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Wednesday, August 15, 2007

Big Changes

Well, many of you know that I recently announced that in February 2008 I will retire my play, Doin' Time in the Homo No Mo Halfway House--How I Survived the Ex-Gay Movement! I am still working out the gala finish to the play (and yes I am working on a DVD version of it although I want everyone to see it live).

I have experienced other changes too. My time at New England Yearly Meeting (an annual gathering of Quakers from New England) moved me deeply, particularly in my commitment to living a simply. I may even cancel one of my three cell phones!

The Testimony of Simplicity (via wikipedia)
The Testimony of Simplicity is the Quaker belief that a person ought to live his or her life simply in order to focus on what is most important and ignore or play down what is least important. It is the practice among Quakers (members of the Religious Society of Friends) of being more concerned with one’s inner condition than one’s outward appearance and with other people more than oneself. Friends believe that a person’s spiritual life and character are more important than the quantity of goods he possesses or his monetary worth. Friends also believe that one should use one’s resources, including money and time, deliberately in ways that are most likely to make life truly better for oneself and others.
Some ways I have incorporated the Testimony of Simplicity in my life include how I spend my money and time. Over the last few years I have tried to buy at least half of my clothing from charity shops like the Salvation Army. This not only saves money, but it also moves me away from the direct support of unfair labor practices for people in the clothing industry.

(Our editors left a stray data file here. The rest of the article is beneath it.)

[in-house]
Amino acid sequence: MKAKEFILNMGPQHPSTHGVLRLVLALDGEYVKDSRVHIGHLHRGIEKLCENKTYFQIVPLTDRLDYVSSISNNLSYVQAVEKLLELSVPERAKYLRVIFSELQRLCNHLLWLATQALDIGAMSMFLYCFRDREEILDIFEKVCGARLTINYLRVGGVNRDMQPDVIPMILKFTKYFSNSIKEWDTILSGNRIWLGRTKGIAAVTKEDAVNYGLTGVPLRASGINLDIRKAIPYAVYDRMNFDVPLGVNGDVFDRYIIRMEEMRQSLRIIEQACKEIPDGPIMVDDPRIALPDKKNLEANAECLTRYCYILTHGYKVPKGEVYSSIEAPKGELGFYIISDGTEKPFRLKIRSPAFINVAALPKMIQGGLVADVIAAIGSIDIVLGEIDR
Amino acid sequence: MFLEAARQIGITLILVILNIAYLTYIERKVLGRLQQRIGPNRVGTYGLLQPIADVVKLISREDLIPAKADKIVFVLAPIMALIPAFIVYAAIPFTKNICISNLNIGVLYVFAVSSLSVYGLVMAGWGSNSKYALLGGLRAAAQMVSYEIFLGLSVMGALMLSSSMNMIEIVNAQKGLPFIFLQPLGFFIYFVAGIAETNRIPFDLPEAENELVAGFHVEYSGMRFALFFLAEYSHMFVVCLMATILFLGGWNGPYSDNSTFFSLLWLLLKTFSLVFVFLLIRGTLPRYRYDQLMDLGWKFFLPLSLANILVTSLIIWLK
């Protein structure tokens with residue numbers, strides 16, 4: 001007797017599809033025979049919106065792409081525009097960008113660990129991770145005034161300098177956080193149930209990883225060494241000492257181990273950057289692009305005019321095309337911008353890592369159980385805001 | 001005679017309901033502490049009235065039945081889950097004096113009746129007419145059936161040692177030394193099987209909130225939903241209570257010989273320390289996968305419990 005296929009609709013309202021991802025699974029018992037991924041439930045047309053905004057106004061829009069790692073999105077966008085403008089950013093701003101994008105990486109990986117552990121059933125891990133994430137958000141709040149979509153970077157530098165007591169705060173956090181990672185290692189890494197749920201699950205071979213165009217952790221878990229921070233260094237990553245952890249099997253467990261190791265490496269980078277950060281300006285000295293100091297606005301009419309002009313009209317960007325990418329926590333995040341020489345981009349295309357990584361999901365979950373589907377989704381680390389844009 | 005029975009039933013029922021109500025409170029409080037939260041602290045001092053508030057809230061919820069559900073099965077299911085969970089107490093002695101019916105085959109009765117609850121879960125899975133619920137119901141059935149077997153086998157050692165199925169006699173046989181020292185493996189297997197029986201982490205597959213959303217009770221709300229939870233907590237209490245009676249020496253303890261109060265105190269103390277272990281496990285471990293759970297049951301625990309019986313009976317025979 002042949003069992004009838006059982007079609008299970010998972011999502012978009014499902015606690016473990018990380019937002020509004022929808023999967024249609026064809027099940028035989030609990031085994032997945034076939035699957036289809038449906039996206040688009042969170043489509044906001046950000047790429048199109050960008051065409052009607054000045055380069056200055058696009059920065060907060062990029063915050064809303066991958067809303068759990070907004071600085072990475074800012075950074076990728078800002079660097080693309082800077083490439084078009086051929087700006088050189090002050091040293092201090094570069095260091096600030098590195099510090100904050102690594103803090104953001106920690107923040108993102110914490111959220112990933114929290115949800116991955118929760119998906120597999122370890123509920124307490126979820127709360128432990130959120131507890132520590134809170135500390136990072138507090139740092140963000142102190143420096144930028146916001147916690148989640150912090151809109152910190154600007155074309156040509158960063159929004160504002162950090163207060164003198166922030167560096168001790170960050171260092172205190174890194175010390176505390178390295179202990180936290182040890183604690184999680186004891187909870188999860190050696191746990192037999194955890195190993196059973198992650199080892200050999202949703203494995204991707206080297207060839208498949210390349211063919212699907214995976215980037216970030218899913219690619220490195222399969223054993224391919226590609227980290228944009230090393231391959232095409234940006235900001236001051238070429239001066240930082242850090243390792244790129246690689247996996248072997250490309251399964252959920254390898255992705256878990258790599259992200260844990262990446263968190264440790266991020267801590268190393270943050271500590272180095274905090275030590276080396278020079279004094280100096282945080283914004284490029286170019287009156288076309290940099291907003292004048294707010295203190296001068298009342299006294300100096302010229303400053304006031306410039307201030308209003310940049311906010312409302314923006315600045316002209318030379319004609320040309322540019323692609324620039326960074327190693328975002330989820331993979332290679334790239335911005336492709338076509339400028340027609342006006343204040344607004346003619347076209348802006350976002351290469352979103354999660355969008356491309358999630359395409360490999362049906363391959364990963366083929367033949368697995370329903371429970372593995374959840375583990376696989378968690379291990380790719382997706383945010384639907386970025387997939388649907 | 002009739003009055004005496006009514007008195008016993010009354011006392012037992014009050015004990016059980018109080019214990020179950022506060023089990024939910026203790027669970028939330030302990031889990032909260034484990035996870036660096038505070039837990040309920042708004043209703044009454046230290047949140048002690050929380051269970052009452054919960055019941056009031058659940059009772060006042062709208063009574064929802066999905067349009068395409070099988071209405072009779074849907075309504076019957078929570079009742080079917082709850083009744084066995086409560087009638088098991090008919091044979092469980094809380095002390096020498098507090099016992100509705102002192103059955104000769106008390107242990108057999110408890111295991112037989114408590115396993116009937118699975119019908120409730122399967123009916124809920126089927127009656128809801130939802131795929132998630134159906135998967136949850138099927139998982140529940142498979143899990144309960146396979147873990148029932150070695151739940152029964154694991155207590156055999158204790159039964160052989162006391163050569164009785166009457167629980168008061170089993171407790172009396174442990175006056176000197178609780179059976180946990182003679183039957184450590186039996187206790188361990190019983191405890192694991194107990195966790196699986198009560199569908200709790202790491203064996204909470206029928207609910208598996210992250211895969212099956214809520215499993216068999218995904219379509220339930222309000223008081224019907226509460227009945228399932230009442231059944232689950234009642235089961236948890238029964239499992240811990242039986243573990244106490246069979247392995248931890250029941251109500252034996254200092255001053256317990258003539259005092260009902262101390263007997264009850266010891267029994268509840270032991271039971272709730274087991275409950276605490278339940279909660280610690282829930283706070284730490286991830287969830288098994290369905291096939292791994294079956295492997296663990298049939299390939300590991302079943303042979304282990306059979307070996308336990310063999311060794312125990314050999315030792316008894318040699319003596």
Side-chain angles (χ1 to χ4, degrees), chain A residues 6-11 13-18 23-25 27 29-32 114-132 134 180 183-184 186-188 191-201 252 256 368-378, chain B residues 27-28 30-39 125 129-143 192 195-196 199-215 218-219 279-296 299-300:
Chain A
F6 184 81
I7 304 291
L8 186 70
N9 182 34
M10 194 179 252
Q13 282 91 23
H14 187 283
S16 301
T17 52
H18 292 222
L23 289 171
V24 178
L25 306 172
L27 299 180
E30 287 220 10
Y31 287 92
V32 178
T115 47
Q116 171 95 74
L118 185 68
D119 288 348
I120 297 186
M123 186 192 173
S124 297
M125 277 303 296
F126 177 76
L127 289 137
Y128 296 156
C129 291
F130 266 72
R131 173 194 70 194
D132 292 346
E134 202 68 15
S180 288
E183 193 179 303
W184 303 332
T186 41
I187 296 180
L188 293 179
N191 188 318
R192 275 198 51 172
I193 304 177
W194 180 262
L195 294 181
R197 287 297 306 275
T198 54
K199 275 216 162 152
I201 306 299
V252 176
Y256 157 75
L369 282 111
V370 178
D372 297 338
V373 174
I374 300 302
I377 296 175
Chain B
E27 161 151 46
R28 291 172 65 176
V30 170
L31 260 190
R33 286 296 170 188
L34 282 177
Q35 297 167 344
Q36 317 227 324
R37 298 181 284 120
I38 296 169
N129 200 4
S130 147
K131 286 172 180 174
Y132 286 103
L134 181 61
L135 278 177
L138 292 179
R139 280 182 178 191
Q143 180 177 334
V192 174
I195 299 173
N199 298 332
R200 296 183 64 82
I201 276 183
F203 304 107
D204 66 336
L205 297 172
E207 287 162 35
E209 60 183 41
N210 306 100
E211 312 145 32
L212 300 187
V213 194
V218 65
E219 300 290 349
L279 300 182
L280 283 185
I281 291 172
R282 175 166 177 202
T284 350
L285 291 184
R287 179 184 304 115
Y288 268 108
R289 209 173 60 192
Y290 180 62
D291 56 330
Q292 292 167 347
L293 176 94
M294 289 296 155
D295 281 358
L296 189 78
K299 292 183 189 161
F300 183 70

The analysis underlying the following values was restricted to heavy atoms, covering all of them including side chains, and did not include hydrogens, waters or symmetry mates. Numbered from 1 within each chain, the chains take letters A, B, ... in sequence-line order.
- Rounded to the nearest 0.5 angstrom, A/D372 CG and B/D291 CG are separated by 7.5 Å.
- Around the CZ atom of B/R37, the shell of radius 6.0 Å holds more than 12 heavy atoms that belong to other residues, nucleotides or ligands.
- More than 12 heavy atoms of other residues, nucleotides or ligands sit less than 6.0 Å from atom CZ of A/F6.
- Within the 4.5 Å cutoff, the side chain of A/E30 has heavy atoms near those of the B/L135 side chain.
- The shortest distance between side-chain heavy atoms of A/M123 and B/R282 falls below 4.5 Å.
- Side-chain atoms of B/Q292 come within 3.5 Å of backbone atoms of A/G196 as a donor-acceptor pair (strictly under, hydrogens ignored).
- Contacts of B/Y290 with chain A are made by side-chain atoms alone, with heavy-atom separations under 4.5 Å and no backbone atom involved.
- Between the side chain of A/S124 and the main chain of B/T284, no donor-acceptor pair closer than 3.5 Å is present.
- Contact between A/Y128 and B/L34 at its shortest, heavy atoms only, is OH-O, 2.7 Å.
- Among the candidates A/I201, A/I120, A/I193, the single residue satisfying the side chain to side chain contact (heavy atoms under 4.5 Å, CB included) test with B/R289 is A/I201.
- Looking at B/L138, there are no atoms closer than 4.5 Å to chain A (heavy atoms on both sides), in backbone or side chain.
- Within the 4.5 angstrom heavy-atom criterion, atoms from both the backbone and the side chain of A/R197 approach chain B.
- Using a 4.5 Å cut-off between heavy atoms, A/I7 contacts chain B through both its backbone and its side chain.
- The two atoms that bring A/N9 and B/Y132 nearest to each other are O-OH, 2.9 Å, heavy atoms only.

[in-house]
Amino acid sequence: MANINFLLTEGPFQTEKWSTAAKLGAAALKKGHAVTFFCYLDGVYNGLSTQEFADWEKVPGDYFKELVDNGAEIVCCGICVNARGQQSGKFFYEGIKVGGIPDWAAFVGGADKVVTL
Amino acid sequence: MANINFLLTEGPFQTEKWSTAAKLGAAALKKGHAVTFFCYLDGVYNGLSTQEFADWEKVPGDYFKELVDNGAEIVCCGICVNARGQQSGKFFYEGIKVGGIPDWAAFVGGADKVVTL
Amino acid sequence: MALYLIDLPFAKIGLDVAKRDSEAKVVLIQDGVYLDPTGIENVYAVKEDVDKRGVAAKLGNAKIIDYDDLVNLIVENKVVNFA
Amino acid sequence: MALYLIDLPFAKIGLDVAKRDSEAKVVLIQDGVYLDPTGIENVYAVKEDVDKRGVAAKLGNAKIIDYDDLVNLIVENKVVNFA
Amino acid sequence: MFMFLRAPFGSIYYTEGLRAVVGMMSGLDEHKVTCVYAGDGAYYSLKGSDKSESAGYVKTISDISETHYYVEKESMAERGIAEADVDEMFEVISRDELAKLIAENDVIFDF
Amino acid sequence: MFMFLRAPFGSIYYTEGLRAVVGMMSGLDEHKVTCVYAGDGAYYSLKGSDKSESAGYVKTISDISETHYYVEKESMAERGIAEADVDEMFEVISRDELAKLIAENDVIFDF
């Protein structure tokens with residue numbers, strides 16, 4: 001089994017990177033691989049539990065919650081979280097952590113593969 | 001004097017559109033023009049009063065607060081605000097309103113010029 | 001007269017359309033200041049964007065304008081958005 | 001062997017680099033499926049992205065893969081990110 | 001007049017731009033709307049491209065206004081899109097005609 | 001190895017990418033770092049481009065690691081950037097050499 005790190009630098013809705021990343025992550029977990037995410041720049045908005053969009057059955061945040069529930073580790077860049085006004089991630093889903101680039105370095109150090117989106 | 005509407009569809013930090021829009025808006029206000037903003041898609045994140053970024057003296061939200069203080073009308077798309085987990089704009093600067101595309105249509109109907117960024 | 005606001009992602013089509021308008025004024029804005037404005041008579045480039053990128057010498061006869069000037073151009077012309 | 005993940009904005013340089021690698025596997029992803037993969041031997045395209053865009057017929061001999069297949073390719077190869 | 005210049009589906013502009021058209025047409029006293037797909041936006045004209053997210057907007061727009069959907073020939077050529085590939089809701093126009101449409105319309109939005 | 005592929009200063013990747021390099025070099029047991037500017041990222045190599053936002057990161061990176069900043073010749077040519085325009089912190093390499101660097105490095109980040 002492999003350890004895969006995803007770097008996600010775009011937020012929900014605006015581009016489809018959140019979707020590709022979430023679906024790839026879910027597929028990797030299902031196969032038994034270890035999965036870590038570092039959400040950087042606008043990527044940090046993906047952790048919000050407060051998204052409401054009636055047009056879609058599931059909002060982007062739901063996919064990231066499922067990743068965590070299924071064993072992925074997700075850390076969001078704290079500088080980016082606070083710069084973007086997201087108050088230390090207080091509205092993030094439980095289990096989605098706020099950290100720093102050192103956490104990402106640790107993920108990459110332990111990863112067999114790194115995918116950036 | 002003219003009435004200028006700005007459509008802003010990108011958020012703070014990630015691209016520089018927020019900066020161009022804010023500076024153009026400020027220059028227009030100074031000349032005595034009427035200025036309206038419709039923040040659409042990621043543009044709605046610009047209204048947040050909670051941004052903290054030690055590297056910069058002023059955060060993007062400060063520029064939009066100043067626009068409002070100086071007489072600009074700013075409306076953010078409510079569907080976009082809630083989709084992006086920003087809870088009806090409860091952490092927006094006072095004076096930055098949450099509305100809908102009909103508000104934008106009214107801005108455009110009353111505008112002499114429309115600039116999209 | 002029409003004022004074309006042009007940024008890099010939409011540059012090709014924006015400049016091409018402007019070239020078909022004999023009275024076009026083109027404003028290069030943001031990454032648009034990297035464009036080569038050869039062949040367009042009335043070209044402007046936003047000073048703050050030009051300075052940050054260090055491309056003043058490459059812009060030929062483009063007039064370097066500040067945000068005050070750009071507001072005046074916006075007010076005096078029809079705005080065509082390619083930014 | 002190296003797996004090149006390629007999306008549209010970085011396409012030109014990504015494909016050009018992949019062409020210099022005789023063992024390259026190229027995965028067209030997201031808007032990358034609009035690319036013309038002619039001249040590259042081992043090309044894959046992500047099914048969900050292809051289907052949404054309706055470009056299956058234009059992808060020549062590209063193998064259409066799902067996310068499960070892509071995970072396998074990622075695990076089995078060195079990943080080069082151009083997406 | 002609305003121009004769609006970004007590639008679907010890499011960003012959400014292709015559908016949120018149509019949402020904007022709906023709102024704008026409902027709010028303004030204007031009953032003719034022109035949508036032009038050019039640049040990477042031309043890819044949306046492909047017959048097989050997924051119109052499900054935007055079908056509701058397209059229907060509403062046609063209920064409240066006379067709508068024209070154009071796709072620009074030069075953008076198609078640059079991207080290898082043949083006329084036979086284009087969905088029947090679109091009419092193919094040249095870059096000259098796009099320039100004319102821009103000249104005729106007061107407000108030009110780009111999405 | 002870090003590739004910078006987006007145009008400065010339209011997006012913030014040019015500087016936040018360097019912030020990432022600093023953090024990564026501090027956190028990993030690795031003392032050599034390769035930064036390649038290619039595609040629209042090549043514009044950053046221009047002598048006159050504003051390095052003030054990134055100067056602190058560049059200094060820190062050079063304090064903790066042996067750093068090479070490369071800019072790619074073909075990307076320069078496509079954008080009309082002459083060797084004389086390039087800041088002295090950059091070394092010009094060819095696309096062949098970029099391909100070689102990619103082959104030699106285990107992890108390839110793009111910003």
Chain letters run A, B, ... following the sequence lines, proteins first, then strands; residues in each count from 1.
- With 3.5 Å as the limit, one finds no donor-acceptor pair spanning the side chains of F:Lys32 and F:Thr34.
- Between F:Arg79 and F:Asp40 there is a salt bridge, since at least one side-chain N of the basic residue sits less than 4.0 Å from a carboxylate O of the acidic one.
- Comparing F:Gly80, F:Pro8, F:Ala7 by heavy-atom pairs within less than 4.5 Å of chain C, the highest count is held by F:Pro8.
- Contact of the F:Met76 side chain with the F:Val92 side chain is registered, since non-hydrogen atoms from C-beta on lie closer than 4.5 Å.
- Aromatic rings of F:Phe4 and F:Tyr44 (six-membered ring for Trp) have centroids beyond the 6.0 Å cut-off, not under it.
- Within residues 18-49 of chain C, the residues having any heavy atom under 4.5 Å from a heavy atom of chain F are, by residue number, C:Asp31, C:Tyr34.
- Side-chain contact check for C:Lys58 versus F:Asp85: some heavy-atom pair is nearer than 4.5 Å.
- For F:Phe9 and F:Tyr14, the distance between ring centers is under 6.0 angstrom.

Part of the reason for being a vegan has to do with simplicity. A simple vegetable-based diet is cheaper and has less of an impact on the planet (and wonderfully healthy for most people). Lately I have been shopping for locally grown produce when possible. Some of you know that I have toyed with a raw vegan diet--delightfully simple, but not always practical when one travels a lot.

With travel I have made various changes and considerations, the biggest being when I got rid of my car in the summer of 2005. This has saved me money, helps the planet, connects me with my community and simplifies my life. When I have had a car, it was so easy to spend lots of time driving around doing unnecessary chores and shopping.

When I can, I walk. If I can't walk, I take the bus. If I can't take the bus, I try to share a ride with a friend or borrow a car. If I can't borrow a car, I rent a car. If the distance is too far, I take the train. If the distance is too far for the train, I fly.

I adore the Internet, but I am also addicted to it. I do not have an Internet connection at home other than through my Treo 700P phone (which I will most likely dump soon). When I had the Internet at home, I spent far too much time on-line and got very little done for the time spent typing away. Keeping my house quiet and restful (some say boring), helps me live a simpler life. I haven't had a TV for years. Don't get me wrong I LOVE TV and watch it whenever I travel, but I want to keep my home TV-free.

Also, two years ago I downsized from a one-bedroom to a studio apartment. Not only is it cheaper but cozier. My rent is dirt cheap and includes utility, so it is something I don't have to worry about. Having a small space is easier to clean and forces me to think about what I really need and don't need. It feels yummy to give things away.